This summer, the white dress reigns supreme, having easily taken over the slip dress and the little black dress. Short and nineties-inspired minimalist; long-shirt style or as workwear shirt daringly worn sans-pants; in immaculate designs playing with transparency for a fetishist-inspired look; in the neo-T-shirt option; or even in the longer and lacy, ethereal bridal version – the white dress proves surprising versatility and pizzazz time and again, steering clear of any ‘wedding gown’ effect or matron innuendo.

Floral prints, appliqués, or bouquet-like couture creations are abundant and luxuriant, present in summer styles in all shapes, sizes, and colors. Voluminous flowers in black tulle decorating a tone-on-tone dress; red rose petals adorning impressive silk dresses or playing the emblem on a leather dress; fresh-cut roses encapsulated in tulle over white cotton slips; all-over pink and purple floral prints blooming across collections; fringed shirts with floral motifs; orchids painted on black silk dresses; bright crocheted flowers embroidered on intricate minidresses; macramé leaves on sleeves and hems; micro-florals scattered on vintage-inspired dresses – have all floated down the catwalks worldwide, in a twirl of art, beauty, and much-coveted romance.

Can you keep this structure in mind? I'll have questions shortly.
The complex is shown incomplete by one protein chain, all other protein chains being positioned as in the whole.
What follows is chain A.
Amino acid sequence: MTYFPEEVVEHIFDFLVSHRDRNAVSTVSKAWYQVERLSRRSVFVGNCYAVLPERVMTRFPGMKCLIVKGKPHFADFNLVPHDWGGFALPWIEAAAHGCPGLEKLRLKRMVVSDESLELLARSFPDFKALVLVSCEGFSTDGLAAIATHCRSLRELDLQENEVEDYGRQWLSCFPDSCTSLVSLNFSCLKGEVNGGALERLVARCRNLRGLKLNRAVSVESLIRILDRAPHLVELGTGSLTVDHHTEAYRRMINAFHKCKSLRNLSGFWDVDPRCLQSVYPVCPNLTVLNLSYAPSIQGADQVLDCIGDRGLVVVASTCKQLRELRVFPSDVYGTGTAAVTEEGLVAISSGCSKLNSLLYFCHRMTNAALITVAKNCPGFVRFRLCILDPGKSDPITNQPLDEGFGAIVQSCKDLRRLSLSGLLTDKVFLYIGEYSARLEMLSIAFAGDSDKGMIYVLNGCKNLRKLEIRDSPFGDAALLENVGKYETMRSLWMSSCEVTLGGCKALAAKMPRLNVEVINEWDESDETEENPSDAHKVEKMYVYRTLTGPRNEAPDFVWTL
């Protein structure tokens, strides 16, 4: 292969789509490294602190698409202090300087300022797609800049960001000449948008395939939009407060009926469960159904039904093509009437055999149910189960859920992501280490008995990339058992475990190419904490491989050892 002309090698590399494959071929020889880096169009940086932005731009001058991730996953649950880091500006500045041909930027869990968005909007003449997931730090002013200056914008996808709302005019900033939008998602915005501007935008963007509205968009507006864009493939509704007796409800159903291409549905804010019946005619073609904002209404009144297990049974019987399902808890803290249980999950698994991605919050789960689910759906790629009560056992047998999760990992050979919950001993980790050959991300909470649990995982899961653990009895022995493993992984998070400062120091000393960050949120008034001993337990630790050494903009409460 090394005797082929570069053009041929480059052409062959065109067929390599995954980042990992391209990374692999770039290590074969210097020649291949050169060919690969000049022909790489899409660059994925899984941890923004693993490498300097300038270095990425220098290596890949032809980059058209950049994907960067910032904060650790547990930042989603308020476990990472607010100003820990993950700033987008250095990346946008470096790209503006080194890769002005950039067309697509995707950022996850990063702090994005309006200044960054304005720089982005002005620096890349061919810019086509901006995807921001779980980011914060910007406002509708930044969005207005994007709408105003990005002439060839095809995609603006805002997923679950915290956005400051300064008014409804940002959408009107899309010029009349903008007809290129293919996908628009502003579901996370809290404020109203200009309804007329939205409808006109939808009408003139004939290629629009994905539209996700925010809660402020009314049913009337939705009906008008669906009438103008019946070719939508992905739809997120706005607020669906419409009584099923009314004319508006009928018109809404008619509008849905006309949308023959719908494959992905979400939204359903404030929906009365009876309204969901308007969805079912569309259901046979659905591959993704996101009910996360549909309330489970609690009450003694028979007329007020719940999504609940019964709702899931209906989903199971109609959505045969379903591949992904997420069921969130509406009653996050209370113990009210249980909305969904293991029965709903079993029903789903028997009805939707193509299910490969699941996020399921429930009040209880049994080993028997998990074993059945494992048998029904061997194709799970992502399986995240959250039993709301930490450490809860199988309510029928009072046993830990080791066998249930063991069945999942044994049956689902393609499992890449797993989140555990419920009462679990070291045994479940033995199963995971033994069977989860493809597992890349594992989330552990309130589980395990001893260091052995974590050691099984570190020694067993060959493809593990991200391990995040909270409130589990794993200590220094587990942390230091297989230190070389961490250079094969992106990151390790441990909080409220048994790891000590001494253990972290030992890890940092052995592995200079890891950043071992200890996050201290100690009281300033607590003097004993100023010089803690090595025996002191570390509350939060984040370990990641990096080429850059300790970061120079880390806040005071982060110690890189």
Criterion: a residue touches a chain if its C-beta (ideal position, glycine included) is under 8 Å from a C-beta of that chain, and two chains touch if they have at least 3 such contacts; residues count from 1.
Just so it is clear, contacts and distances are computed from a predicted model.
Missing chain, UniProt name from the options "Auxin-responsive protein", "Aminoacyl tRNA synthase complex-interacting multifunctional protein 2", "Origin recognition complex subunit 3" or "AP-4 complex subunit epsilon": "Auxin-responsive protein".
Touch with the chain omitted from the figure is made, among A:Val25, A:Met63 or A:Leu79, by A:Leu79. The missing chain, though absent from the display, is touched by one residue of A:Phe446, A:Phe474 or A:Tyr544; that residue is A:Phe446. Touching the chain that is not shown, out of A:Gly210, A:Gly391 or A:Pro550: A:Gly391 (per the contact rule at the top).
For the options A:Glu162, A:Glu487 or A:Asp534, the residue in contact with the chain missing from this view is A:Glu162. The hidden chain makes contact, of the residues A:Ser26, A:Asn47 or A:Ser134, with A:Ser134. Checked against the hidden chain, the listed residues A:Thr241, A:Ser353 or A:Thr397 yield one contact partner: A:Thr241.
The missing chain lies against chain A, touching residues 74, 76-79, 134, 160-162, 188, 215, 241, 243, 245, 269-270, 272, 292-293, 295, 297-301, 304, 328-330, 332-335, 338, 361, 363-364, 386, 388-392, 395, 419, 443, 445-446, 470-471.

There is no celebration without the shiny, the glitter, the sparkle, and the bling. While the previous season’s favorite, silver, offered immediate access to a sci-fi, futuristic look, this season’s gold dresses, skirts, and suits tap into a baroque style, evoking movie stars’ red-carpet look and the symbols of luxury, opulence, and timelessness, even when they are worn in daytime designs – office, sporty, or sexy.




Ann Demeulemeester